Margi society, like 75% of all African societies, is patrilineal and patrilocal, that is, decent is reckoned through males only, and when a couple marries they make their home with or near the husband's paternal kinsmen. In addition, like 97% of African societies, polygyny is preferred--a man may marry more than one woman.
Theirs is certainly a male oriented society. But men do not perceive that as privilege; rather they feel the heavy burden of responsibility. It is surely relevant that, after having spent lives in which they were the competent masters of their world, they could, with the changing circumstances of post-colonial Africa, sense that their former world was rapidly disintegrating as regional and national regimes usurped village tradition and authority. They knew that change was in the offing, and that was unsettling to them.
Ptil Yarkur, 58 in 1960, was the 23rd ruler of Gulagu. Although un-schooled, he was a wise ruler, and a skilled politician. Of his six most recent predecessors, four had been victims of regicide or attempted regicides from which they had escaped by flight, one had been imprisoned by British Colonial administration, and one--his immediate predecessor--had committed suicide.
Gwashi Wagala, 42, was our nearest neighbor, and his children were the playmates of ours. Once when Gwashi had a heated argument with one of his wives, my children proved to be the best informants of the event. Over time, Gwashi's eyesight failed, and by 1973 he was blind and living with a daughter, his sons both having migrated far away.
Makarama Thlama, at 88, was the oldest man in either Kirngu or Humbili. Makarama is the title for the Ptil's first minister. However, in Thlama's case it was merely honorific, perhaps because he once was offered the ptil-ship but refused because it was too dangerous to hold. For a time his position in the royal village puzzled me: he was clearly both the oldest and in terms of descent the most senior man, yet his advice was rarely sought, though it was politely considered when he offered it. I finally came to realize that his status was fatally diminished because he had not fathered a child in a number of years. It was presumed that he was no longer a functioning man.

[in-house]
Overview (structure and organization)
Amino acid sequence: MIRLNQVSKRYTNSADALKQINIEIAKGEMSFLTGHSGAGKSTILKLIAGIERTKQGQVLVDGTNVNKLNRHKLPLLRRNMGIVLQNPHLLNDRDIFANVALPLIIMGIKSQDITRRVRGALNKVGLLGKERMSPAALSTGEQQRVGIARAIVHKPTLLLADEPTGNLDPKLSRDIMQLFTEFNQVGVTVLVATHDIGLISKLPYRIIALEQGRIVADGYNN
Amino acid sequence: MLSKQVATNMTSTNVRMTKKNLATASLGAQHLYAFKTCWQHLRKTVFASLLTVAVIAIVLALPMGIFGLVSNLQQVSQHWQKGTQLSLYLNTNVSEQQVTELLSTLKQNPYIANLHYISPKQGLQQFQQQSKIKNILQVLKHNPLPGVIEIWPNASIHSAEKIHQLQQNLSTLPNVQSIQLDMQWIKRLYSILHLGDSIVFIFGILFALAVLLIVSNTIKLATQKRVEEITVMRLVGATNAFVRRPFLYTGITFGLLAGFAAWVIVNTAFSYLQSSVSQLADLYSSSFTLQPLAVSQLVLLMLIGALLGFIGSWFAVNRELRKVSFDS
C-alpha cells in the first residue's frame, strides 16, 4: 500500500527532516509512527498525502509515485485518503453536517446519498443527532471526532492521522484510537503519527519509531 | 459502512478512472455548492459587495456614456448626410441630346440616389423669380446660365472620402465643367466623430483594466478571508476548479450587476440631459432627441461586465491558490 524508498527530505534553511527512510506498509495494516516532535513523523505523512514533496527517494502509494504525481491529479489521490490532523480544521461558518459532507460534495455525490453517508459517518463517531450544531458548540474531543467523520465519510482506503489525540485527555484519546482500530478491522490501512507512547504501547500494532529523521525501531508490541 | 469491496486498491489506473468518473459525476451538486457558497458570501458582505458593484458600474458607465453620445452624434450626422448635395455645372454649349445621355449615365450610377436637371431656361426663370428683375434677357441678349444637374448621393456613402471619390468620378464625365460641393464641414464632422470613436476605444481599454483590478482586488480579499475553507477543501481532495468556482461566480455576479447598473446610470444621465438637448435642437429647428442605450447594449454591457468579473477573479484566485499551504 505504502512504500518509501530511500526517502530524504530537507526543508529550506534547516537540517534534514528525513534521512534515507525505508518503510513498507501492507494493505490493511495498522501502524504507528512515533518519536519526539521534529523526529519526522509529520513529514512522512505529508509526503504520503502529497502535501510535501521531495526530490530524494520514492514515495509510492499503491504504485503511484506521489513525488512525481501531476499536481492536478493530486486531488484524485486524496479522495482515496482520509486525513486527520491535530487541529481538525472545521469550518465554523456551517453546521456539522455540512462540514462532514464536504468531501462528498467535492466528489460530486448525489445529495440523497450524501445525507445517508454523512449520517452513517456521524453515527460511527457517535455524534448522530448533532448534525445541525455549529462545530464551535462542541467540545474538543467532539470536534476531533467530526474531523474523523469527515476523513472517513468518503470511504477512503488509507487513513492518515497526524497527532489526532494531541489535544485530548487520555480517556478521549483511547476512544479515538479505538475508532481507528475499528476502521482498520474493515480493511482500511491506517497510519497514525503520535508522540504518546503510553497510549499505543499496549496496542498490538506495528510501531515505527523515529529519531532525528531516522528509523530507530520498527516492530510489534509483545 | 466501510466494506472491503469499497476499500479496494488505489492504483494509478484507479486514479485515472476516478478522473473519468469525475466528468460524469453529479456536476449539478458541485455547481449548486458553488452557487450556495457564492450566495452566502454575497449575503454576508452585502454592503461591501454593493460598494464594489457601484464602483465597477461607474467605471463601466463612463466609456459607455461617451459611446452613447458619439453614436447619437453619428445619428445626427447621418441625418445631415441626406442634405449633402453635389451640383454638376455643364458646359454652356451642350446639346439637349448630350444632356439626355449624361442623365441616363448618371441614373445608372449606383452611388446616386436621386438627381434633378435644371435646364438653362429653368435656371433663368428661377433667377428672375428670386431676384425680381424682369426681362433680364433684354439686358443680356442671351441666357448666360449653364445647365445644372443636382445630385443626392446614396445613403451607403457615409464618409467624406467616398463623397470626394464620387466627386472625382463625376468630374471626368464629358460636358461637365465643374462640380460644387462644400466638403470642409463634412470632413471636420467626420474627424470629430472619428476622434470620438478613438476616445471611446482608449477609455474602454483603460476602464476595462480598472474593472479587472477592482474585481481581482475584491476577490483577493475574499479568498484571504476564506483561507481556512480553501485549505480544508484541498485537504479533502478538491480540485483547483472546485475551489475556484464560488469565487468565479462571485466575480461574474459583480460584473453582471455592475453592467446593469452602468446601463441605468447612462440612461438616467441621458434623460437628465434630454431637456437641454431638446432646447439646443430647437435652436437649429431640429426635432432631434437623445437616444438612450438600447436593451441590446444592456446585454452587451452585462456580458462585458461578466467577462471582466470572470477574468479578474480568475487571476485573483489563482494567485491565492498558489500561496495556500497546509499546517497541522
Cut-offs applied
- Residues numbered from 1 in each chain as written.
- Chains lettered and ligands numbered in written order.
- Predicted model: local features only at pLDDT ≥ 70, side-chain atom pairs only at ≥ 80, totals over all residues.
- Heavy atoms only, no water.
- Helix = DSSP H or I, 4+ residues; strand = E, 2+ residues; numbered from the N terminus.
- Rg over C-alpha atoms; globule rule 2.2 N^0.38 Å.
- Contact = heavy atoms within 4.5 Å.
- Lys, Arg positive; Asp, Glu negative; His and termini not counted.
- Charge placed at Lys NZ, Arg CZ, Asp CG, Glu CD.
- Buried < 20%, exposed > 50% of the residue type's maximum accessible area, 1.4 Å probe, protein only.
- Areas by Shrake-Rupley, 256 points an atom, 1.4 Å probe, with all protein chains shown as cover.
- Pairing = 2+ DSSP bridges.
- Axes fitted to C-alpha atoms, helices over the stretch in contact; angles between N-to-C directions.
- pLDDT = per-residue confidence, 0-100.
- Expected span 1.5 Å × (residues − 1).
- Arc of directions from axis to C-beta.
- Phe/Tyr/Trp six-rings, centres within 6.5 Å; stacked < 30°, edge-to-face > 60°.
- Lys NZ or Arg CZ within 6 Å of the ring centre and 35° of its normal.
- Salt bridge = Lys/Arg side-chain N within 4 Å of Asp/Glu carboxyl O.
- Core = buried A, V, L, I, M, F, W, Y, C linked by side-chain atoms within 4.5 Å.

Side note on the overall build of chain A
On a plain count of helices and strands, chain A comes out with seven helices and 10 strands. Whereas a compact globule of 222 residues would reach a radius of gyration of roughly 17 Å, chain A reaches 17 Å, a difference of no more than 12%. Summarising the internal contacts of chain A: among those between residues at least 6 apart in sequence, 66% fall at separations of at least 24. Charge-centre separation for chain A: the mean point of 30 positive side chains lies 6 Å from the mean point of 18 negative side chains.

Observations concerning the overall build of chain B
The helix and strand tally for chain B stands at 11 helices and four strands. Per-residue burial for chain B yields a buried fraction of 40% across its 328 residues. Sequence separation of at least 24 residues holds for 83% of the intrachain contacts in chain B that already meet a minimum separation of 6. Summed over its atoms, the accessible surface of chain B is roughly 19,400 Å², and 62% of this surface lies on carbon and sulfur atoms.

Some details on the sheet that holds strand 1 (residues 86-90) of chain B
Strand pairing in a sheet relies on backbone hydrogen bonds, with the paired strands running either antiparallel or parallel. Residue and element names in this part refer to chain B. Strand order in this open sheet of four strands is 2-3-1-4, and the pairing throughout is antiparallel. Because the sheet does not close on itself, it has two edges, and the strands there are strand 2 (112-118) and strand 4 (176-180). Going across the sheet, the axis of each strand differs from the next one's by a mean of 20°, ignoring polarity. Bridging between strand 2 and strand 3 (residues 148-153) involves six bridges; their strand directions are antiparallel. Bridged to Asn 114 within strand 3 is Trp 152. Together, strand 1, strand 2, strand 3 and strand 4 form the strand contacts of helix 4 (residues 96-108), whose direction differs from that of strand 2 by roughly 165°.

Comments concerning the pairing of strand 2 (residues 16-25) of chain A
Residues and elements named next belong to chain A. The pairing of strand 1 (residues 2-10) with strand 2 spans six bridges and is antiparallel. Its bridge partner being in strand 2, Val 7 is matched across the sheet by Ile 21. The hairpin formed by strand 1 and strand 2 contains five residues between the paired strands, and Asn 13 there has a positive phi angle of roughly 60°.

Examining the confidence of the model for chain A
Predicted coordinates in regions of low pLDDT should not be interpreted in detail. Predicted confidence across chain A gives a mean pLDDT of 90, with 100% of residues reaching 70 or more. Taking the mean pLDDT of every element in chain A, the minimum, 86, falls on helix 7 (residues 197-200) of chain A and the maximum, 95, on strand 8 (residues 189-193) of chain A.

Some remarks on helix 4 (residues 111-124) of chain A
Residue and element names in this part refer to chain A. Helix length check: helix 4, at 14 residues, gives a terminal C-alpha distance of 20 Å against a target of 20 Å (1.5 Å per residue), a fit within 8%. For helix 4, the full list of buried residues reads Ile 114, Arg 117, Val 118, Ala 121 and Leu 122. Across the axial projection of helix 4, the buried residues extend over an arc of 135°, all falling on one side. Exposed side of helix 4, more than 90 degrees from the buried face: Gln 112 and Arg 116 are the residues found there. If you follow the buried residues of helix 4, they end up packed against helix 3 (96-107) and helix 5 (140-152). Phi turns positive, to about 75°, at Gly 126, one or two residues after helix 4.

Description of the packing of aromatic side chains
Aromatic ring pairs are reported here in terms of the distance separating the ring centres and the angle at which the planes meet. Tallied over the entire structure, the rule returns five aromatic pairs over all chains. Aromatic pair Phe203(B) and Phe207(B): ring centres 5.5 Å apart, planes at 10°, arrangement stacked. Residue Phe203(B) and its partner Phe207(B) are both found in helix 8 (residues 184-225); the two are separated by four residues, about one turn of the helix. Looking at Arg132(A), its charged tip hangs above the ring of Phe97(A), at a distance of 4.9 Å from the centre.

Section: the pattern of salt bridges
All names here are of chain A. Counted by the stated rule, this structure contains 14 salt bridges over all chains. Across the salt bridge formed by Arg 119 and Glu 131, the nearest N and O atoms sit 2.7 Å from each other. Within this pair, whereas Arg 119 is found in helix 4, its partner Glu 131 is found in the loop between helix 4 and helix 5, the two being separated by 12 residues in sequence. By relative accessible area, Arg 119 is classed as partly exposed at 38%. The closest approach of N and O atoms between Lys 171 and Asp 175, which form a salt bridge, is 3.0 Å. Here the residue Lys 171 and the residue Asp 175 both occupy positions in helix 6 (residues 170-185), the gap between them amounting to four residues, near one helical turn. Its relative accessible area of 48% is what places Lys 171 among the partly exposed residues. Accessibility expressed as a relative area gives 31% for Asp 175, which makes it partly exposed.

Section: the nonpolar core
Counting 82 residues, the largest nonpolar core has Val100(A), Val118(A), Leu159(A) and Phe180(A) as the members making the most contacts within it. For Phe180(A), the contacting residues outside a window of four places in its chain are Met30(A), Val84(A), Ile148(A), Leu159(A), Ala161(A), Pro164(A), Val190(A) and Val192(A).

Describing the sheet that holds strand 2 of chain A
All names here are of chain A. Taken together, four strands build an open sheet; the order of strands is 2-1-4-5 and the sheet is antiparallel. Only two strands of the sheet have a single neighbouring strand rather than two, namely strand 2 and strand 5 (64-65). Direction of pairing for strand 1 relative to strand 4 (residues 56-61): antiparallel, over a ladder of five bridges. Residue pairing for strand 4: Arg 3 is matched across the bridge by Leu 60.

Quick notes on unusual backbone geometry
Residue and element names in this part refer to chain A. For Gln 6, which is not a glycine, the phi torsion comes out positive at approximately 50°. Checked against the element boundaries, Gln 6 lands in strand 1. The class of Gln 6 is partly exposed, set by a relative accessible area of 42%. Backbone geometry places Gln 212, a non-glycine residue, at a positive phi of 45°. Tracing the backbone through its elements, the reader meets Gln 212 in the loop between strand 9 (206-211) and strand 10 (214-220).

Thlifu is a title bestowed upon the senior member of the oldest commoner clan in the kingdom. Thlifu Lagu was a member of Ptil's Council where he represented commoners in both legal and ceremonial matters. His residence in Kirngu, the royal village, was required by tradition. There he could always present the commoner's view to the ptil. He was the only male resident of the village who was not either a member of the royal clan or a servant. As this picture suggests, he was an unfailingly cheerful person.